During my years of traipsing around Latin America, I have always regarded Lima as one of the underrated gastronomic capitals of the hemisphere. There's nothing like unwinding at a seaside eatery in one of he Peruvian capital's outlying suburbs with a frothy Pisco sour cocktail and a plate of seviche marinated in lime juice and ají peppers. Thanks to the efforts of a couple of enterprising Peruvian businesswomen, visitors can now sample the city's diverse fare. Culinary Tour Peru offers a one-day crash course.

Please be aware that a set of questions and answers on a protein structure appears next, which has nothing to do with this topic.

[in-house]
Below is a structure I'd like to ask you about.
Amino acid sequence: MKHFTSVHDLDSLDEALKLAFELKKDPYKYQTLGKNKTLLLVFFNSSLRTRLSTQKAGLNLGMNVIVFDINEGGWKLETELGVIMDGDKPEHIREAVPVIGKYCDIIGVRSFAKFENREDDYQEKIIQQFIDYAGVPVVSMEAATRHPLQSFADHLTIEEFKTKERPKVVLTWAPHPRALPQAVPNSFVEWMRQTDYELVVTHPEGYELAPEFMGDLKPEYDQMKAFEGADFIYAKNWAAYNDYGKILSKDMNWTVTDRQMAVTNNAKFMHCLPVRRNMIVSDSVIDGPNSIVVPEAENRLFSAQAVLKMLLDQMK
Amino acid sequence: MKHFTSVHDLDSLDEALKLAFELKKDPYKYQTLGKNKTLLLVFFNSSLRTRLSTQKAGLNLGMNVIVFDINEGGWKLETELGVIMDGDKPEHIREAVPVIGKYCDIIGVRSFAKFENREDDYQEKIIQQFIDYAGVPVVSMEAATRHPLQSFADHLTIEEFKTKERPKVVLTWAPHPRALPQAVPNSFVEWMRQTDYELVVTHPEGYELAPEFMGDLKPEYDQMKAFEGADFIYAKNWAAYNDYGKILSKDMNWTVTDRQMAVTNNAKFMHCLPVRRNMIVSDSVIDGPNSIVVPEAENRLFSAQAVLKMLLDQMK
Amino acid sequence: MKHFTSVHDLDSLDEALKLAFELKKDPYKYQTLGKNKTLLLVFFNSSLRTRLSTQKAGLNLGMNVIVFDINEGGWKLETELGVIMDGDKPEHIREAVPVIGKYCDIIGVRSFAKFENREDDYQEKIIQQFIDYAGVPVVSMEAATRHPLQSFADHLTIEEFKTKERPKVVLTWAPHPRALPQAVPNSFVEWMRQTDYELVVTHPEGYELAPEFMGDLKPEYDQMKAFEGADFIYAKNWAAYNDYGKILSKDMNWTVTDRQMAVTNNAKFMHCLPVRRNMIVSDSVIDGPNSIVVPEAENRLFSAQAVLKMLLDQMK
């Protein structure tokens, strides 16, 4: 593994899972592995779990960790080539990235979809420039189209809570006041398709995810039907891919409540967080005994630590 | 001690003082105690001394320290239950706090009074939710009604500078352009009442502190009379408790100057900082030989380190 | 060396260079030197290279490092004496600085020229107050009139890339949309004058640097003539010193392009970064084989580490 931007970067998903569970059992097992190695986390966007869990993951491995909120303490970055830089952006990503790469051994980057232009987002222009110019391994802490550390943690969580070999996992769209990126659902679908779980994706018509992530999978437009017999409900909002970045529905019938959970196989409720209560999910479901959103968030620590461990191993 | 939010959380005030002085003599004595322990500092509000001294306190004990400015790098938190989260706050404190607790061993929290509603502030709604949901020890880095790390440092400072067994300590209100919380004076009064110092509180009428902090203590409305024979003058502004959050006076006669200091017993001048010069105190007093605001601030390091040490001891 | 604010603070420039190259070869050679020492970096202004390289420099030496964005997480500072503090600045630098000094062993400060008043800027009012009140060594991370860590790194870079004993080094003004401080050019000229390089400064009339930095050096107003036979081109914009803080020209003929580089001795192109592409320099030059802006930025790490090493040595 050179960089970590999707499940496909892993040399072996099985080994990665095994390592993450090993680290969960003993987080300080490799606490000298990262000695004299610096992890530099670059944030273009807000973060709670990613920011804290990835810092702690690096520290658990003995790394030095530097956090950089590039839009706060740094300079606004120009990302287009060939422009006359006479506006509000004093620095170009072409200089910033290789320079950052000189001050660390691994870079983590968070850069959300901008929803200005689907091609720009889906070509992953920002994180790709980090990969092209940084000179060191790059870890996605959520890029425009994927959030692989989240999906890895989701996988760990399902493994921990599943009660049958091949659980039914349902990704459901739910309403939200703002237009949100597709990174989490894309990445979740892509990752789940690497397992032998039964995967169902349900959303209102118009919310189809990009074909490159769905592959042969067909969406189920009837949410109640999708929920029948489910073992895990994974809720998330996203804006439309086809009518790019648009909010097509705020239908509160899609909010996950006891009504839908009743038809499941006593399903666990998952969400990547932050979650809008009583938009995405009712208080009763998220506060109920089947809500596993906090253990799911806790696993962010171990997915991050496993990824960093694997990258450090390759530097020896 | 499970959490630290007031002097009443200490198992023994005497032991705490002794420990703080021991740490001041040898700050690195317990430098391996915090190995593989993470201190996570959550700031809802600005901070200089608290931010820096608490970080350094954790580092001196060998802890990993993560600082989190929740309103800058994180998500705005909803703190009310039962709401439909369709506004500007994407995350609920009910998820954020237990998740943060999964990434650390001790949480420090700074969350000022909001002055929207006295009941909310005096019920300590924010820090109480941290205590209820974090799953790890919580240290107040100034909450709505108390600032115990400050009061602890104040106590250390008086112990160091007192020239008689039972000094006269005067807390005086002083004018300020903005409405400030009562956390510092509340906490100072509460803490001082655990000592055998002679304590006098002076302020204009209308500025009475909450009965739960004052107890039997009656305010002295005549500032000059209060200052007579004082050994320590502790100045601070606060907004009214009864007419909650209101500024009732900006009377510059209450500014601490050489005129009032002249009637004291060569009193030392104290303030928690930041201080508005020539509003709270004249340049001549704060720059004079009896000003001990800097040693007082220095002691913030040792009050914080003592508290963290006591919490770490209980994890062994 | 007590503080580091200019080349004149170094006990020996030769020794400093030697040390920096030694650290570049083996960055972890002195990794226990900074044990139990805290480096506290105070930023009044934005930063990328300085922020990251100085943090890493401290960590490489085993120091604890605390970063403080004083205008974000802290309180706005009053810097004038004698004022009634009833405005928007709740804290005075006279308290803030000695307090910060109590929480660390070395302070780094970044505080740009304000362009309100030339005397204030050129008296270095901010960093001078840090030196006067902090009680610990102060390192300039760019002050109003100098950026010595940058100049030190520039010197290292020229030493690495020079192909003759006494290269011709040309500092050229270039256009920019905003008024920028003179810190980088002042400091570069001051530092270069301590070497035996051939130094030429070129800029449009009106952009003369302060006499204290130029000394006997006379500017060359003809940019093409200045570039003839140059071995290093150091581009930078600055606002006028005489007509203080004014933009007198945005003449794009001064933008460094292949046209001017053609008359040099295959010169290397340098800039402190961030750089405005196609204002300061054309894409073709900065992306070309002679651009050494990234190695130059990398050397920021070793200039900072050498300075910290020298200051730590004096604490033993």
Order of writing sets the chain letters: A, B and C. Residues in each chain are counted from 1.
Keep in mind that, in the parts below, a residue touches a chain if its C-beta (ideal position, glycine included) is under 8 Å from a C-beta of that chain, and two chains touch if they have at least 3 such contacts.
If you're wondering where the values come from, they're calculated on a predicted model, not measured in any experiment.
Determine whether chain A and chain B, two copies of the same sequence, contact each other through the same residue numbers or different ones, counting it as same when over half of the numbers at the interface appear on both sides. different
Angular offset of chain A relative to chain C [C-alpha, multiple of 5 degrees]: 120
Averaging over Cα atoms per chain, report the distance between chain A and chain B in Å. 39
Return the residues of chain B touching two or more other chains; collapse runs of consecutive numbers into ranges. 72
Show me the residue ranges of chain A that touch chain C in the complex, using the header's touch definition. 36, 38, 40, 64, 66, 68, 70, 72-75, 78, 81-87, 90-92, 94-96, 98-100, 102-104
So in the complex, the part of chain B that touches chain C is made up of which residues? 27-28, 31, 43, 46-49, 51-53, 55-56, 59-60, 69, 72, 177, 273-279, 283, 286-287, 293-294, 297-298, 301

For serious foodies, Wendy Alperstein launched her Taste of Peru tour four years ago to promote the indigenous Spanish and Asian culinary influences. An eight-day, seven-night package features multiple course fusion dinners at the top drawer Lima restaurant Astrid & Gaston and Malabar, and a class led by chefs who demonstrate Pachamanca, a native cooking technique that uses a pit covered with hot stones and firewoods to bake meats wrapped in banana leaves. The itinerary includes an excursion to an open –air food market and side trips to Machu Picchu and Cuzco, where the guests are treated to Coca leaf tea and a dinner of indigenous dishes like capchi de setas, a casserole made with oyster mushrooms and sieva beans (about $2700 per person : www.magicalcuzcotours.com) "There is so much to taste, and we want you to taste it all", says Alperstein. Your palate will never be the same